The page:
Robert Fico: The prime minister of Slovakia is in a life-threatening situation as a result of the shooting World news

Mr Fico was attacked after leaving the meeting – five shots were fired and a bloodied man was arrested at the scene. The Slovak government says it was an “assassination attempt” and that the next few hours are critical.


Wed 15 May 2024 21:23 UK

Slovakia’s Prime Minister is fighting for his life and is undergoing surgery after being shot several times.

Robert Fico He was taken to the hospital and the suspect, who was 71 years old, was arrested at the scene.

The shooting happened Wednesday afternoon in Handlova, about 85 miles (136 km) from the capital Bratislava, after a meeting at a cultural center.

Watch live: Slovakia’s Prime Minister “is in a life-threatening condition”

SlovakiaThe interior minister said there was a “clear political motivation” behind the attack, which local television reported hit Fico in the stomach.

The 59-year-old was taken to a local hospital and then transferred to a larger facility in Banska Bystrica.

“The coming hours will decide,” Mr Fico said in a post on his Facebook page.

The prime minister was still undergoing surgery on Wednesday evening, the country’s defense minister said, describing his condition as “extraordinarily serious”.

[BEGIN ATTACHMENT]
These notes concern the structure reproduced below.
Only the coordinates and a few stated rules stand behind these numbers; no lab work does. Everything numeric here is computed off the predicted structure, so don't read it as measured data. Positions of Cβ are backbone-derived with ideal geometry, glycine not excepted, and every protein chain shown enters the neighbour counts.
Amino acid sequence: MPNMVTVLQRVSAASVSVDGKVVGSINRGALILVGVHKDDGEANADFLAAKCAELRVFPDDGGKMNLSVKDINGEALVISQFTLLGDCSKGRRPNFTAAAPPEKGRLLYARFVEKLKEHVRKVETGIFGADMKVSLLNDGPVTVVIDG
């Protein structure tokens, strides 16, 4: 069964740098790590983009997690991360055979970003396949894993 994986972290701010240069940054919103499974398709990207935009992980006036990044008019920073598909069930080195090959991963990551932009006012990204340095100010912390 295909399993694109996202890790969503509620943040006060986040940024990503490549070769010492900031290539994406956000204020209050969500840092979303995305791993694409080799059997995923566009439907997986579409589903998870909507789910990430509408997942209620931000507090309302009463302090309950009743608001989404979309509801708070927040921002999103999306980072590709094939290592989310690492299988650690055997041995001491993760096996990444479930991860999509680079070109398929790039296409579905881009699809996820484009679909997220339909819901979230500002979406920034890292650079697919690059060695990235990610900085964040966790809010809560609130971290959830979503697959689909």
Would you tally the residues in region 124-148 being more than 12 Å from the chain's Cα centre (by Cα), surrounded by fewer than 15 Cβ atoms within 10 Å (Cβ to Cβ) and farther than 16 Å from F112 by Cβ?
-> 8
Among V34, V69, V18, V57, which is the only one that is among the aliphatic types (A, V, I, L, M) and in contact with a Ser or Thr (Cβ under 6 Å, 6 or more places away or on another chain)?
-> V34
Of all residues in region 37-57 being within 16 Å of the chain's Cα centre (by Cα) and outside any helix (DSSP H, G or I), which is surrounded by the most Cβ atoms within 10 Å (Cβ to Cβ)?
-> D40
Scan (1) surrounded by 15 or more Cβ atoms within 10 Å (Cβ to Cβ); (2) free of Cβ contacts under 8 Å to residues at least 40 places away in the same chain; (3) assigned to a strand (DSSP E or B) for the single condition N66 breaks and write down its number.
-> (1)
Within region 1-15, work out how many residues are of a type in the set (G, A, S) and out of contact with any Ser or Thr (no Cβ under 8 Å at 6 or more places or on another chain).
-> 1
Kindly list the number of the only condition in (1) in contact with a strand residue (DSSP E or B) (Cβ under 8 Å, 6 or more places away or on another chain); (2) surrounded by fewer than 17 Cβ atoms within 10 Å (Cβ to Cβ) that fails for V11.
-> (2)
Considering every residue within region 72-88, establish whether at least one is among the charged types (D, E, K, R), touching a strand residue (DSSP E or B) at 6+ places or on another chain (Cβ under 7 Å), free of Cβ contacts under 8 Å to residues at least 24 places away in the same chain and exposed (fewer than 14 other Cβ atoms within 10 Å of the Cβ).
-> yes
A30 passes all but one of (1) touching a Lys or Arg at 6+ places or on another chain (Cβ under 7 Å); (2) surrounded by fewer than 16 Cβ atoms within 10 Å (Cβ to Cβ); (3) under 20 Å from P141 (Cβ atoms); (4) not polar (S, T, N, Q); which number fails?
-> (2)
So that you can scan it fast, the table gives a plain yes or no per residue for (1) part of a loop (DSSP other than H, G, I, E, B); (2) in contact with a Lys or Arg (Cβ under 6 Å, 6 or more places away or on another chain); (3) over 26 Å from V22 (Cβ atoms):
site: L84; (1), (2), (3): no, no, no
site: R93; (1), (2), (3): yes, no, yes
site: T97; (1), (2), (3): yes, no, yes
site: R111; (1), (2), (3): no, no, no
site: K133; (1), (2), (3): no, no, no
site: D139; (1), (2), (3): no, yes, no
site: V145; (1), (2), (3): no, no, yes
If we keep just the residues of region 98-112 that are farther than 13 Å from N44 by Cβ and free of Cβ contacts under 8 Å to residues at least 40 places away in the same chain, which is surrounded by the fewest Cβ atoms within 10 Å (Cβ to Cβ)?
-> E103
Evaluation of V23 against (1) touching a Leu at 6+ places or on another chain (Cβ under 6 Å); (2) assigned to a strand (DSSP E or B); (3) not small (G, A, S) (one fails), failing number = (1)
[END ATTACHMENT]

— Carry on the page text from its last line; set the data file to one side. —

Interior Minister Matus Sutaj-Estok told reporters outside the hospital that the attacker fired five shots.



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After the incident, security forces put Mr. Fico in the car. Photo: Reuters

The Prime Minister of Slovakia was locked in a car after the shooting



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According to reports, the arrested man is 71 years old. Photo: Reuters

Two witnesses told local news outlet Diary N about the moment of the shooting.

“I was just going to shake hands,” said one.

“When the shots rang out, I almost became deaf,” said another, who did not want to be named.

He said there were three or four shots and that Mr. Fico fell to the floor with blood on his chest and head.

Other witnesses said the attacker used a friendly nickname to call out to the prime minister as he approached the crowd of supporters.

According to Slovak media, he was a former security guard and author of poetry collections.

“Polarized Political Bruise”

By Darren McCaffrey, Political Correspondent

Robert Fico has been in Slovakian politics for decades, even before the existence of Slovakia.

A high-profile figure, he is a political figure who is polarizing at home and across Europe.

His election last year seemed almost impossible until recently, after Fico was forced to resign amid allegations of corruption and the murder of a prominent journalist.

It seems that his political career is over.

However, he backed off his campaign to end military support for Ukraine.

He is also resistant to sanctions against Russia, conservative on social issues and attacking the EU project.

This populist approach has a large constituency, with mostly rural, older, conservative voters helping him to a third term.